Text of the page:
Argued November 13, 1991.
Decided January 22, 1992.
Thomas G. Longo (argued), Cleveland, Ohio, for petitioner-appellant.
Thomas E. Kieper, Asst. U.S. Atty. (argued), Indianapolis, Ind., for respondent-appellee.
Appeal from the United States District Court, Southern District of Indiana.
Before WOOD, Jr., COFFEY and MANION, Circuit Judges.
While serving a federal sentence, Thomas Sinito experienced a series of transfers to other federal prisons pursuant to writs of habeas corpus ad prosequendum for other alleged crimes. He ultimately received a longer federal sentence for a second federal conviction, to run concurrently with the one he was serving. In the habeas petition before us, Sinito claims he should have been given several years credit against the second sentence for time served between the date of the first writ and the date of his second sentence. The district court denied the credit. We affirm.
On October 16, 1981, Sinito was convicted of conspiring to conduct a racketeering activity, engaging in a racketeering activity, making extortionate extensions of credit, making collections of extensions of credit by extortionate means, attempting to evade income tax, and filing false and fraudulent income tax returns. The United States District Court for the Northern District of Ohio sentenced him to eighteen years imprisonment and a $20,000 fine. Sinito began serving his sentence at the Federal Correctional Institution in Ashland, Kentucky on November 19, 1981.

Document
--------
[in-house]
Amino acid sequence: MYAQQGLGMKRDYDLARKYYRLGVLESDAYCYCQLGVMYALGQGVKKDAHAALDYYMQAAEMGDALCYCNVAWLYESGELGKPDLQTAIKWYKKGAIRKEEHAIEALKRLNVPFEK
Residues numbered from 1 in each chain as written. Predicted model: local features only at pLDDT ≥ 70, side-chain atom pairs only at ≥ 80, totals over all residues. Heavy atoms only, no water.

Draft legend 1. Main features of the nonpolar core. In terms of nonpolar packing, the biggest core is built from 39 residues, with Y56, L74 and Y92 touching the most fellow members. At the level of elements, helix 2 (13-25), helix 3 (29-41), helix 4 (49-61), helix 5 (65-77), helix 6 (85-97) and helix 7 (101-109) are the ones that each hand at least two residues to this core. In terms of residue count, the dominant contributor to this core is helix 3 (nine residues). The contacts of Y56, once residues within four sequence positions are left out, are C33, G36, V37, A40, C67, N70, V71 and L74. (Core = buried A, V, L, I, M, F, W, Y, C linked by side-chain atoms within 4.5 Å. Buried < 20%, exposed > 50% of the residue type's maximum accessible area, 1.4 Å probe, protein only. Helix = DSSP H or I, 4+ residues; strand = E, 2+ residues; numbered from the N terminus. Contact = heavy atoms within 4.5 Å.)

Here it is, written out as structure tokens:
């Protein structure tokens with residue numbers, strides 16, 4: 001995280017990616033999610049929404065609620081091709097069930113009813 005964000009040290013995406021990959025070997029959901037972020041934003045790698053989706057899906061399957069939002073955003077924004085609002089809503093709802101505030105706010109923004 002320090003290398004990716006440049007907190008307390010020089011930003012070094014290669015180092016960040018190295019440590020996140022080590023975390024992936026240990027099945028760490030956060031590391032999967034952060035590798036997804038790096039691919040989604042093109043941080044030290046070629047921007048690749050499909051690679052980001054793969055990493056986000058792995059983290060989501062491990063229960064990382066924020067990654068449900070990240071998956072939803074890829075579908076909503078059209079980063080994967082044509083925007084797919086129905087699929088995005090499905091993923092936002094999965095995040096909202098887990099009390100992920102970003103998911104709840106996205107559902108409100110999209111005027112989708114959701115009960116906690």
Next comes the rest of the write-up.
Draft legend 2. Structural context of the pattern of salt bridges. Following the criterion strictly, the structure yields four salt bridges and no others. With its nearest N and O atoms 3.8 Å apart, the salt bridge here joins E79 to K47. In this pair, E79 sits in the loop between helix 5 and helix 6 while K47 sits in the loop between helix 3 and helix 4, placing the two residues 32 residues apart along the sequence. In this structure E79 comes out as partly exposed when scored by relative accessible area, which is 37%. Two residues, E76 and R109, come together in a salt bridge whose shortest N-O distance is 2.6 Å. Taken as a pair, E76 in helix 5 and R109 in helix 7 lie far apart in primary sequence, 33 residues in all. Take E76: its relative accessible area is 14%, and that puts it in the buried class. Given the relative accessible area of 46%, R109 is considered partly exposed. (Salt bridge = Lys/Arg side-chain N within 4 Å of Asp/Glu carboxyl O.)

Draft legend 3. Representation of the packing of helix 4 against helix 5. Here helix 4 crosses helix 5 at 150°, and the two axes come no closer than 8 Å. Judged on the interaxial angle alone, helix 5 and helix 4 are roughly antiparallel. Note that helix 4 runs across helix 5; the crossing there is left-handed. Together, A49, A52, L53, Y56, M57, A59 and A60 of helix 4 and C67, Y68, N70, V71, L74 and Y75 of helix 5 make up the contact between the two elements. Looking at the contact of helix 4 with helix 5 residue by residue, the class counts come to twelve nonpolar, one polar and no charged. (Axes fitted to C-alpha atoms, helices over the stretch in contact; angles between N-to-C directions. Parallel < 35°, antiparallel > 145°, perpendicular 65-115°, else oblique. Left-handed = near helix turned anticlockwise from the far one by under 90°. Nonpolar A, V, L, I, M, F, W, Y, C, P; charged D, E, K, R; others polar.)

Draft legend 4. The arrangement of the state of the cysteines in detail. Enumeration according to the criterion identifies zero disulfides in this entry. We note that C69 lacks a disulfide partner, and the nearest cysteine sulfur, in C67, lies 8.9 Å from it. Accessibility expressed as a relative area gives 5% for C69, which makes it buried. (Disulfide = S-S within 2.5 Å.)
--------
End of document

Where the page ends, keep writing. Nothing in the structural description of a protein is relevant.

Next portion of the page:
On July 27, 1982, Sinito was removed from the Ashland Prison pursuant to a writ of habeas corpus ad prosequendum issued by the United States District Court for the Northern District of Ohio pending disposition of additional federal charges. Prior to the trial for which the writ had issued, Sinito was transferred to the Federal Correctional Institute in Milan, Michigan. On March 8, 1984, he was removed from Milan pursuant to a state writ of habeas corpus ad prosequendum and he received a one year sentence for aggravated assault from an Ohio state court. Sinito was returned to Milan on November 13, 1984. On July 2, 1986, Sinito was again removed from Milan. This time Sinito pleaded guilty to charges of engaging in a continuing criminal enterprise and possessing with intent to distribute cocaine. He was sentenced by the United States District Court for the Northern District of Ohio to a term of imprisonment of twenty-two years and a concurrent term of imprisonment of five years with a special parole term of three years. This sentence was to run concurrently with the federal sentence Sinito had been serving. On July 17, 1986, Sinito received a sentence of seven to twenty-five years for manslaughter from an Ohio state court. Sinito was returned to Milan on July 25, 1986. He was then moved to a higher security federal prison in Terre Haute, Indiana.